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December 1998

The Fifty-Year Progress of the Japanese Archaeological Association

Special Committee
for the Japanese Archaeological Association's
50th Anniversary Commemorative Publications

On 15 August 1945, after accepting the terms of the Potsdam Declaration, Japan surrendered unconditionally to the Allied Powers. Those born in the first decade of the Sho^wa era (1926-1935) will surely recall being made in class to ink out portions of the school texts they had been using up to that time, in the new school term following summer vacation. In particular, the chapter on the nation's founding in the grade school history texts, which had been filled with the ancient myths in the manner of the long used Jinjo^ sho^gaku kokushi, was almost entirely blackened with ink.

In this fashion, with the war's end Japanese archaeology was suddenly thrust in front of the nation's view: in place of the deities from the nation's founding myths, a brutish Stone Age Man stepped forth onto page one of Japanese history, inspiring a sense of wonderment in the citizens, particularly those of the younger generation. And as if to spur on this movement, the newspapers were filled day after day with news of the Toro excavation.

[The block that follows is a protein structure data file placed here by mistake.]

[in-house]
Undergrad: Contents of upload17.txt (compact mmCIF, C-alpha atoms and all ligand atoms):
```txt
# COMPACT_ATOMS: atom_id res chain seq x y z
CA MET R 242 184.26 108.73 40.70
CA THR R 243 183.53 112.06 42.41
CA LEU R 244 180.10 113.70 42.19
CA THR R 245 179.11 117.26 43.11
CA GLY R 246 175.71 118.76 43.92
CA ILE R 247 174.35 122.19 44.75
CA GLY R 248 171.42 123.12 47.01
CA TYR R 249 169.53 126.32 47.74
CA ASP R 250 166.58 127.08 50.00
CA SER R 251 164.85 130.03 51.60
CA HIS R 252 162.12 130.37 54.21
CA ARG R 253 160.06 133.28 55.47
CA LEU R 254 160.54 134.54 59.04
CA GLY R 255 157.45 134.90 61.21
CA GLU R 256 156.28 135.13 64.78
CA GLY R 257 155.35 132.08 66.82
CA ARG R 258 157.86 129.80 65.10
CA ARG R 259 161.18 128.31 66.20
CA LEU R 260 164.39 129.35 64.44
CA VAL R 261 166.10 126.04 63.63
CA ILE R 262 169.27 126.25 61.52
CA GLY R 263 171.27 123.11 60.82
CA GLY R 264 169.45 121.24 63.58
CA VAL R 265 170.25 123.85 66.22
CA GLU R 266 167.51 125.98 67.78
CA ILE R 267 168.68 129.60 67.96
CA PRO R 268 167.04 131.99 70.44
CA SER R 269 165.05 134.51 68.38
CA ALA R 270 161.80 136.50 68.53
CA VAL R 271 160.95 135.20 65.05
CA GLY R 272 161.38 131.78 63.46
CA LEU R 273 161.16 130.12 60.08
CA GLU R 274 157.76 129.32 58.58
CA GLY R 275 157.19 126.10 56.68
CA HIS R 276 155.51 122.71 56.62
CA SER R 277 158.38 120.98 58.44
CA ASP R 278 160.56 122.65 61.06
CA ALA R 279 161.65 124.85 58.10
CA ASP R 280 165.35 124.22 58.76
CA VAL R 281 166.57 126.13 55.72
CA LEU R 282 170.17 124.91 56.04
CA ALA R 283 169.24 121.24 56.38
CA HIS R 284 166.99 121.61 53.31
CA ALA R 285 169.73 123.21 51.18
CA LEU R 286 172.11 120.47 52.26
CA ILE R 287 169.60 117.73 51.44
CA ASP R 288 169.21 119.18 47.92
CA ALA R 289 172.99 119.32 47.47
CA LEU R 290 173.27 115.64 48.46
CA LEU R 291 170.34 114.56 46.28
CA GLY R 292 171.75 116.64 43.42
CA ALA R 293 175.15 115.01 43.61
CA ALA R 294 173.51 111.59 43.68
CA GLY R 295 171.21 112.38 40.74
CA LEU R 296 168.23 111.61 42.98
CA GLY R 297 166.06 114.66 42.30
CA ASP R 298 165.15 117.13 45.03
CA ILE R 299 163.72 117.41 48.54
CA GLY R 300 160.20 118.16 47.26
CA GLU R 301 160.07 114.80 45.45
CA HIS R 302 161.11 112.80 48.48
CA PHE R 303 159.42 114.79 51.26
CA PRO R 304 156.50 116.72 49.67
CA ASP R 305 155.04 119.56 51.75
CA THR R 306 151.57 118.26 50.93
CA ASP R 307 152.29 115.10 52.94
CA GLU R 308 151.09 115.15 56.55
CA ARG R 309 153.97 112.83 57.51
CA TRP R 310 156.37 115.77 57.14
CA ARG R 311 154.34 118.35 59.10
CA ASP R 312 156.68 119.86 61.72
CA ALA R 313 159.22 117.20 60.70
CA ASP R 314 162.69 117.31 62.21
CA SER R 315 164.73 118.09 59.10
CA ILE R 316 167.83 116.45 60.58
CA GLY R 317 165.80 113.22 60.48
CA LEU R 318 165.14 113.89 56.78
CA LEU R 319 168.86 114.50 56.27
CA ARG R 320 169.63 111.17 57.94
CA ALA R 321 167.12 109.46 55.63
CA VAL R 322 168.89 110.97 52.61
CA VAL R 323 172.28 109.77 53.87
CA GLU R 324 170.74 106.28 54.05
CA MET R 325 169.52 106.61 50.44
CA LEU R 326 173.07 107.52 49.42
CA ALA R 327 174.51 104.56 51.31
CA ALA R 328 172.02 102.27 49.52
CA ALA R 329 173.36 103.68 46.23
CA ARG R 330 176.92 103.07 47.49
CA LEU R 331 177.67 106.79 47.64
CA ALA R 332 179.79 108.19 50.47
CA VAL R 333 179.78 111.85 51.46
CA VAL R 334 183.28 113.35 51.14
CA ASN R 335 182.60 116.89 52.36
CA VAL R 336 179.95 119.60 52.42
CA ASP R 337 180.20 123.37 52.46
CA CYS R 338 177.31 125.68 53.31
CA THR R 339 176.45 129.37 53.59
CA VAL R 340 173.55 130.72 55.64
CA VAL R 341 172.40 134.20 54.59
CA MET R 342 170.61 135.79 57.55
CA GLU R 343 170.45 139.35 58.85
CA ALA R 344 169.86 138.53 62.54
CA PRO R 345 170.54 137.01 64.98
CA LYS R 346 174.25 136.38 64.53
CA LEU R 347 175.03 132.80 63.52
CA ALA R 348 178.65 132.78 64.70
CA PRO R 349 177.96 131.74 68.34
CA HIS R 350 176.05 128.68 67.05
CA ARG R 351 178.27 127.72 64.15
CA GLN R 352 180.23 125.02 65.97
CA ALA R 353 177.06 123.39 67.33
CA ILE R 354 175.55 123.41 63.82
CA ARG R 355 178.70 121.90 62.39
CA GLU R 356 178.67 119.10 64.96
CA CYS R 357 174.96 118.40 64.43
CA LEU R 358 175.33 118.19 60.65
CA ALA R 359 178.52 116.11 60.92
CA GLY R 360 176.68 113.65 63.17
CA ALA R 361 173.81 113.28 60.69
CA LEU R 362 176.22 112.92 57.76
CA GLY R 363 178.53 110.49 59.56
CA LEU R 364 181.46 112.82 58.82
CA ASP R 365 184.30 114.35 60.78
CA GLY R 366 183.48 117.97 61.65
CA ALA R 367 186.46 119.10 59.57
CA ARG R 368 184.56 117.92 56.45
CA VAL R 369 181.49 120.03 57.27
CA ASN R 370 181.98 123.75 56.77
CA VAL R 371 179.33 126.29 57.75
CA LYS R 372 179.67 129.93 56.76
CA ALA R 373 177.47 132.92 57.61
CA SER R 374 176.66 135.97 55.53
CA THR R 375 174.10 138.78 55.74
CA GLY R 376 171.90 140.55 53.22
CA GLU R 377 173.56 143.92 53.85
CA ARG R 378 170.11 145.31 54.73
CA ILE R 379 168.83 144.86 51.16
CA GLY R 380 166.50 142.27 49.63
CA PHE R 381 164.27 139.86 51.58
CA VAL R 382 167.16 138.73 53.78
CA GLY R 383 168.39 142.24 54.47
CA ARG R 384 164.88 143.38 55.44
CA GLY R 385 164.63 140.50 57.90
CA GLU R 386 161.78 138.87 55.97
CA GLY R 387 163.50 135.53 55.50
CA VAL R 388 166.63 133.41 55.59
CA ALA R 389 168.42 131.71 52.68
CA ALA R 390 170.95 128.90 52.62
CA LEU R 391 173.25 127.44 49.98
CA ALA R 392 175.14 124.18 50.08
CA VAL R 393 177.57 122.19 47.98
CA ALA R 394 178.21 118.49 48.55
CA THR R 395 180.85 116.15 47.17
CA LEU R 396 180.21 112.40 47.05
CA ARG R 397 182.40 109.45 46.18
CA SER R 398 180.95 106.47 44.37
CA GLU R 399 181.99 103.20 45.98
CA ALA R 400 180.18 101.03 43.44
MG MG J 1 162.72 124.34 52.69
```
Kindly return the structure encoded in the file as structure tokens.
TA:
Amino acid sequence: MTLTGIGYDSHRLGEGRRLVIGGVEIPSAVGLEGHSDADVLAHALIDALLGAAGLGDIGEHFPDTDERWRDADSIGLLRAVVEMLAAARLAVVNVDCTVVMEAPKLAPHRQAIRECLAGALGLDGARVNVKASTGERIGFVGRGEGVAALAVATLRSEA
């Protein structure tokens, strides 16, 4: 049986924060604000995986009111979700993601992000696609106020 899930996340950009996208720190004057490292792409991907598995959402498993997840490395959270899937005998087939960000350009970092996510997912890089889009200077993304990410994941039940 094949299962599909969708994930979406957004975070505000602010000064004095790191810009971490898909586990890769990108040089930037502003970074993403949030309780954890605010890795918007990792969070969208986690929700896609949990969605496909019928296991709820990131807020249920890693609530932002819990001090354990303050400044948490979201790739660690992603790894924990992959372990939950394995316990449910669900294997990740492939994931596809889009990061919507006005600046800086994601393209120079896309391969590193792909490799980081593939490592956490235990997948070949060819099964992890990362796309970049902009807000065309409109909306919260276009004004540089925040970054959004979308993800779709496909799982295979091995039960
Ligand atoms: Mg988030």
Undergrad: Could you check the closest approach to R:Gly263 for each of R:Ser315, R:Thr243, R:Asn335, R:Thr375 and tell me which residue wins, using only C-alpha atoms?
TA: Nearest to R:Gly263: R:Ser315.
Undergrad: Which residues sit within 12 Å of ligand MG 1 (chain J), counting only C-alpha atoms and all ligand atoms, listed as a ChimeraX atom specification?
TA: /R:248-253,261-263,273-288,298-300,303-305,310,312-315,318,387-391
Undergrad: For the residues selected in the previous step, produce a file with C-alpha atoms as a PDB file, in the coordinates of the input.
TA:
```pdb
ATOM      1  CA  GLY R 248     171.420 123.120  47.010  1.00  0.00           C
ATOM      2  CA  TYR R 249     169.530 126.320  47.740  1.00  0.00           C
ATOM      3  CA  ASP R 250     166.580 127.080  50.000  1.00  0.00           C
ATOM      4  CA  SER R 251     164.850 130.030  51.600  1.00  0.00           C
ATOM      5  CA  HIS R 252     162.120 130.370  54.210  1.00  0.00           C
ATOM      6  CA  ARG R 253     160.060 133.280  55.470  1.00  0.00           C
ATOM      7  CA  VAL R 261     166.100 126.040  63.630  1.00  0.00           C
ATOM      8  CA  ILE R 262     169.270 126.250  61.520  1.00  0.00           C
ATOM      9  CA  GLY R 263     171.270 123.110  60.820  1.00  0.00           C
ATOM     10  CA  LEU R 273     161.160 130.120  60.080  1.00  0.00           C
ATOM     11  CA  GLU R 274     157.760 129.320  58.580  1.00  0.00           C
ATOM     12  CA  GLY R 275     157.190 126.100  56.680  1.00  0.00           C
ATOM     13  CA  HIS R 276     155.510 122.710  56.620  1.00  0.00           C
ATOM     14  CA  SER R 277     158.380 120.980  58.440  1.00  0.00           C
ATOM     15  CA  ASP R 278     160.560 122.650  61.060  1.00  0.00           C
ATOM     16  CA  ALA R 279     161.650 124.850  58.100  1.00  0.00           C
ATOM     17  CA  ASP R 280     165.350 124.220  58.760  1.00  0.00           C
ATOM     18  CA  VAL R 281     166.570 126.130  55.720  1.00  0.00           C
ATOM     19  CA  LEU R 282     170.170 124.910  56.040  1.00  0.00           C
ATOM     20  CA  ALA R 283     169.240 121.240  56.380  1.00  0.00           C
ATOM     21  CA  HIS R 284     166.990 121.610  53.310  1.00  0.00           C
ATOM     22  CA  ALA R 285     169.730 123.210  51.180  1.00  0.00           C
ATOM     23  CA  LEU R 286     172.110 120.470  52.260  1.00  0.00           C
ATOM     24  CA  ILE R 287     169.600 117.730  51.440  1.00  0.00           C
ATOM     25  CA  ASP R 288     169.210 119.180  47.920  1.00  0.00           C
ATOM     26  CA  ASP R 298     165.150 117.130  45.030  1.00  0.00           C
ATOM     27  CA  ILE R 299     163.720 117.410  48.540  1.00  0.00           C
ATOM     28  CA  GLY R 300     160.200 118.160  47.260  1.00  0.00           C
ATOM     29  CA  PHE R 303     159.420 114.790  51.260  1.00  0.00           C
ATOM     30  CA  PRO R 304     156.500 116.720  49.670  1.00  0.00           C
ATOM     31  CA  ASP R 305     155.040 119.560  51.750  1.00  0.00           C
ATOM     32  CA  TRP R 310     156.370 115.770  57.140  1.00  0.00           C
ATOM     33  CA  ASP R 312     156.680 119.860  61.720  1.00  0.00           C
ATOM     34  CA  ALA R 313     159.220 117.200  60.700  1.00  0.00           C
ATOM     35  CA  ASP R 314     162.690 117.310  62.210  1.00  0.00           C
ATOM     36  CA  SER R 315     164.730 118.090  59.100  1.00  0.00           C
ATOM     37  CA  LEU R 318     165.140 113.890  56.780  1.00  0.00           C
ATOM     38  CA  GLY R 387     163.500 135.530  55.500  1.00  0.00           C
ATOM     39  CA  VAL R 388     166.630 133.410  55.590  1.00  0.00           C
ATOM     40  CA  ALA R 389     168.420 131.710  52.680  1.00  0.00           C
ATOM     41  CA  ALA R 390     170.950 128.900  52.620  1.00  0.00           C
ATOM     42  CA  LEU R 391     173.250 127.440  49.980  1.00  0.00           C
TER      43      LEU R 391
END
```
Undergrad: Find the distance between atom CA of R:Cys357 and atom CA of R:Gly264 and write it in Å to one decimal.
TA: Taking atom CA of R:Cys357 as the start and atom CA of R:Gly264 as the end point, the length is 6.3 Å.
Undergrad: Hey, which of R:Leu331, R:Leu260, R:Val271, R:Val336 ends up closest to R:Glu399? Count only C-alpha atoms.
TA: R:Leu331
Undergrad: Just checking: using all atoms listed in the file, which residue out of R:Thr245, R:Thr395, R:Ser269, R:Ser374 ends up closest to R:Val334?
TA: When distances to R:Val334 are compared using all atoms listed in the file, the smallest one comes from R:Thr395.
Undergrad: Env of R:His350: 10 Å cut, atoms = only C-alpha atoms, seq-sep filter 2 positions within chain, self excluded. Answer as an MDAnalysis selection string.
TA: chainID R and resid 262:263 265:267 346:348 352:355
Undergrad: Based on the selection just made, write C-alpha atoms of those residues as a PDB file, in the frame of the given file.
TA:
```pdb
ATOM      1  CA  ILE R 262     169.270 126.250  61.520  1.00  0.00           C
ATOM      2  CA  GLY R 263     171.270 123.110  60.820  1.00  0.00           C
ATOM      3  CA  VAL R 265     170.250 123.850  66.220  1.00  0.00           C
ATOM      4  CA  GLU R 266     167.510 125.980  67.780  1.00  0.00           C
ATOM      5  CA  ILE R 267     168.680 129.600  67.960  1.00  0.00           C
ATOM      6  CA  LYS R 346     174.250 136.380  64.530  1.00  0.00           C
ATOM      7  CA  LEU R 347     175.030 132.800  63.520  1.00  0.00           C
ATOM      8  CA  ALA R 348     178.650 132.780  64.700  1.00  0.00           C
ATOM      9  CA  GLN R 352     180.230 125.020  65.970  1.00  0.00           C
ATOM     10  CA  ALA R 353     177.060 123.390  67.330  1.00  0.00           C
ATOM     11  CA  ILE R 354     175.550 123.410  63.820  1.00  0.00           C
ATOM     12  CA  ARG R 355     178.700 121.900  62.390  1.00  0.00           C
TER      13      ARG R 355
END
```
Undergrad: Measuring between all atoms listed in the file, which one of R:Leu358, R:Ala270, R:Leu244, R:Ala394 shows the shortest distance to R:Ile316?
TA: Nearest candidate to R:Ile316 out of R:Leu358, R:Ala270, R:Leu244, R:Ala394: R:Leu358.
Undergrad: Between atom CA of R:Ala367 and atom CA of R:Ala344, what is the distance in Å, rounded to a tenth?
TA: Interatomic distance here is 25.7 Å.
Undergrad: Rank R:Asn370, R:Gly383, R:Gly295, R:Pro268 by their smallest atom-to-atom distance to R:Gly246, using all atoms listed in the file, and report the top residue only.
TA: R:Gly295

While the discovery of the Toro Site dates back to the wartime period, once the confusion immediately after the defeat saw some relief and stability finally began to return to the daily life of the citizenry, a call was made for serious investigation of this site. Then in March 1947, researchers in Tokyo gathered to form the Committee for the Investigation of Toro (chaired by Tokyo University Professor Imai Toshiki). In addition to archaeologists, researchers in the fields of ancient history, geology, botany, architectural history, and the history of agricultural economy were appointed to the committee, with various universities and research institutes participating in a joint excavation under their leadership. It this manner, with the unprecedented organization of an interdisciplinary investigative team, excavations were conducted over a fifty day period from July 14 to September 3, 1947, leading, among other results, to the detection of rice paddies from the Yayoi period for the first time.